BUTLER WASH RUINS
CLIFF DWELLINGS CONSTRUCTED & OCCUPIED BY ANASAZI PEOPLE AROUND THE YEAR 1200 AD
Butler Wash Ruin is a cliff dwelling that was built and occupied by the Ancestral Puebloans, sometimes known as Anasazi, in about 1200 AD. Parts of the site has been stabilized and reconstructed, but most of it remains as it was found in the 1800s. There are habitation, storage and ceremonial structures, including four kivas. This ruin is located in a side canyon of Butler Wash, on the east side of Comb Ridge.
Half mile trail across a mix of sand dunes and white slickrock bearing bushes, cacti and yucca, to the rim of a box canyon, opposite a 150 foot pour off. A huge sandy alcove at floor level contains no ruins; instead the structure is built in a less accessible alcove above, and seems well preserved, complete with doorways, stairs and kivas.
Round trip hiking distance is 1 mile and takes approximately a half hour. The difficulty is moderate. An interpretive sign is located at the overlook. Ample parking and a restroom is provided. There is no water at this site, and desert temperatures can be extremely hot and dry. Plan ahead and be prepared. Bring appropriate clothing and lots of water when visiting this site.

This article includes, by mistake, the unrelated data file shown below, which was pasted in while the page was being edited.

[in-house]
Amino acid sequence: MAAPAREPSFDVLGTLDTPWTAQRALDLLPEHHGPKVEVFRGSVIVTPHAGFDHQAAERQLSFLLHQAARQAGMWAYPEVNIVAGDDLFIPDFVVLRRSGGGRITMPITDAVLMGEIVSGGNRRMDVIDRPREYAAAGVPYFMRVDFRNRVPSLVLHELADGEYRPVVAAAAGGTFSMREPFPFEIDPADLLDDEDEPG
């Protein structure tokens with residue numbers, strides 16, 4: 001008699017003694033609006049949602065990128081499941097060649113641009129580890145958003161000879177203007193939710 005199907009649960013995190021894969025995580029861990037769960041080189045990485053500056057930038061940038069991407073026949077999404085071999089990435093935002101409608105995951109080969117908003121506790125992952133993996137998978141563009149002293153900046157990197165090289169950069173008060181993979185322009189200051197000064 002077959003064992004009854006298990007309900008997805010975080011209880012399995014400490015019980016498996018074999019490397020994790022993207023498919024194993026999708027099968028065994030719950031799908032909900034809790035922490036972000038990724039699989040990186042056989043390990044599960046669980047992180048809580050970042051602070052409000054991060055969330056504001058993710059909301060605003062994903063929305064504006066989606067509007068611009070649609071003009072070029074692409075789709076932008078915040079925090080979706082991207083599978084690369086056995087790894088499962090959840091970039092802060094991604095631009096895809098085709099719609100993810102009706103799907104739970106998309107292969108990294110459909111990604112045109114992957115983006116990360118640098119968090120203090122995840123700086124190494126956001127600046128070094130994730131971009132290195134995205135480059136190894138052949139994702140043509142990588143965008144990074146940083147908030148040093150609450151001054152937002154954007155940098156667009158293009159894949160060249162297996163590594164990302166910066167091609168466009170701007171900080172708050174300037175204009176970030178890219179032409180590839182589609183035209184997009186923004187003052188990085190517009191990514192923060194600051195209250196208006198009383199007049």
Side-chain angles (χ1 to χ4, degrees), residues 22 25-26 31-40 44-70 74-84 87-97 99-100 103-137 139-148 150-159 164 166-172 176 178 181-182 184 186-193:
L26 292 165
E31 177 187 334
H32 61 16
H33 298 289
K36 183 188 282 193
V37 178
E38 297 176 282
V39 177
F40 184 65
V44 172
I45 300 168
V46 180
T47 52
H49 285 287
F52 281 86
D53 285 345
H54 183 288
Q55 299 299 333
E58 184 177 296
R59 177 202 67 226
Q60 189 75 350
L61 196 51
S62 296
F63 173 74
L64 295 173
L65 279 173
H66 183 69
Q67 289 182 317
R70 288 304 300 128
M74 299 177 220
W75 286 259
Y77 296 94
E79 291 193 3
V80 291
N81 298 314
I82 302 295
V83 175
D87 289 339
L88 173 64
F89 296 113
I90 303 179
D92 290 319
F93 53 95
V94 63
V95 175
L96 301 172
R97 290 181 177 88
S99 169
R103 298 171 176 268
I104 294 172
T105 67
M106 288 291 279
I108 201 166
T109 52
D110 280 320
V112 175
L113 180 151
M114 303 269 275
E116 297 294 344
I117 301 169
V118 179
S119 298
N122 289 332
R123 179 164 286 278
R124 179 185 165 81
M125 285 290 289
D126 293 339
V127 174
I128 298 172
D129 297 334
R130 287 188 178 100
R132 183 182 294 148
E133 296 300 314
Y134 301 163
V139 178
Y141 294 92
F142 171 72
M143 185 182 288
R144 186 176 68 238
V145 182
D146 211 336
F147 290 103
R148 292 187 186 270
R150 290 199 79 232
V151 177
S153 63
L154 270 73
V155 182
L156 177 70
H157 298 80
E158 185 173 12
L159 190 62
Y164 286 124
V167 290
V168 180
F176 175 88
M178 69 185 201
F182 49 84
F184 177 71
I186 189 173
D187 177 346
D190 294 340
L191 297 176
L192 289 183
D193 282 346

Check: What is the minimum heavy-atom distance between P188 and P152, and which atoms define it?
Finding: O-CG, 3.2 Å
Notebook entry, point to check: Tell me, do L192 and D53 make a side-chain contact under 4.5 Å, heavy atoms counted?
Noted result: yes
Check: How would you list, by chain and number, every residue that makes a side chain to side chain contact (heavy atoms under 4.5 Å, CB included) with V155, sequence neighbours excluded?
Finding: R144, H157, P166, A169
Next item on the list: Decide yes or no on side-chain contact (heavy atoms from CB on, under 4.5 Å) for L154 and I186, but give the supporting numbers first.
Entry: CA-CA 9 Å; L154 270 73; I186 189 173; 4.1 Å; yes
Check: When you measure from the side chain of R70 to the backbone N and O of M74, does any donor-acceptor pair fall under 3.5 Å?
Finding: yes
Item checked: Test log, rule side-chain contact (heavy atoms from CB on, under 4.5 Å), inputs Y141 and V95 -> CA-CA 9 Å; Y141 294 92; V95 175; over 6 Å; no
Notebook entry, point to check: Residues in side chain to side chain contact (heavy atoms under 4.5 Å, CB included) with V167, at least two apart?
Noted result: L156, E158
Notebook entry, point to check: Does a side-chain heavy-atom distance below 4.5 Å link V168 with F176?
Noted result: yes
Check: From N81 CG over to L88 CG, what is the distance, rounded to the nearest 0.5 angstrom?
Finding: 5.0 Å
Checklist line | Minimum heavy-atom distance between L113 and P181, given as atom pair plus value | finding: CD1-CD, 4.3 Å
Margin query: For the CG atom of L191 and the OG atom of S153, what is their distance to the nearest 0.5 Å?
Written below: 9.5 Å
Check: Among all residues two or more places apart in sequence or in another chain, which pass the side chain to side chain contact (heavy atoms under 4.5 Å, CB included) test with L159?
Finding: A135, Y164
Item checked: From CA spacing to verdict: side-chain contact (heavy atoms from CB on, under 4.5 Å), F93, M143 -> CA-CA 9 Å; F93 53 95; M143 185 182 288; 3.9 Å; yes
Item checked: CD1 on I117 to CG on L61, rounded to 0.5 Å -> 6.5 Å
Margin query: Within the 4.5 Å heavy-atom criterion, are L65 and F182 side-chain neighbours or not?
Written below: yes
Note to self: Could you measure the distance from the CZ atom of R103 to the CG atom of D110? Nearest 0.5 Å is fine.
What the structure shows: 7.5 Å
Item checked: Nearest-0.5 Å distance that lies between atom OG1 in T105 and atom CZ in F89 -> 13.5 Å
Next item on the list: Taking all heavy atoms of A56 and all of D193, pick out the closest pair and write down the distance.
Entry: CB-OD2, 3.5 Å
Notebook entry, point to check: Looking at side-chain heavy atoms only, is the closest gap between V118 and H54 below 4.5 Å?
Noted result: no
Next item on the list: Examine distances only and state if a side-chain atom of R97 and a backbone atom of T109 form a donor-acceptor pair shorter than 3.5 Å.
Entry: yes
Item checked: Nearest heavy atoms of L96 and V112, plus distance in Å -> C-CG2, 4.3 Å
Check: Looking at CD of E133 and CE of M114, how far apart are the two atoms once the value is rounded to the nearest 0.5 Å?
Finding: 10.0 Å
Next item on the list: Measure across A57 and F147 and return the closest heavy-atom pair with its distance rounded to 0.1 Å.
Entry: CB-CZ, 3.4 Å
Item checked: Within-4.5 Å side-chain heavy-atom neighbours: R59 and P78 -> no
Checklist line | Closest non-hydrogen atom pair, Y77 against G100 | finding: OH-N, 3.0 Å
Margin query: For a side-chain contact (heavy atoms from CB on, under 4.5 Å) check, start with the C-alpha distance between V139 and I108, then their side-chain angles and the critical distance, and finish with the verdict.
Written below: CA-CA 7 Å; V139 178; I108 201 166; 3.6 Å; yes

GETTING THERE FROM BLANDING:
To reach the Butler Wash Ruins trailhead, travelers will drive 3 miles south of Blanding and head west on Highway 95. Follow Highway 95 for 10.5 miles and follow the signage to the paved pullout area. Follow this paved turnout a short distance to the trailhead where parking and pit toilets are available.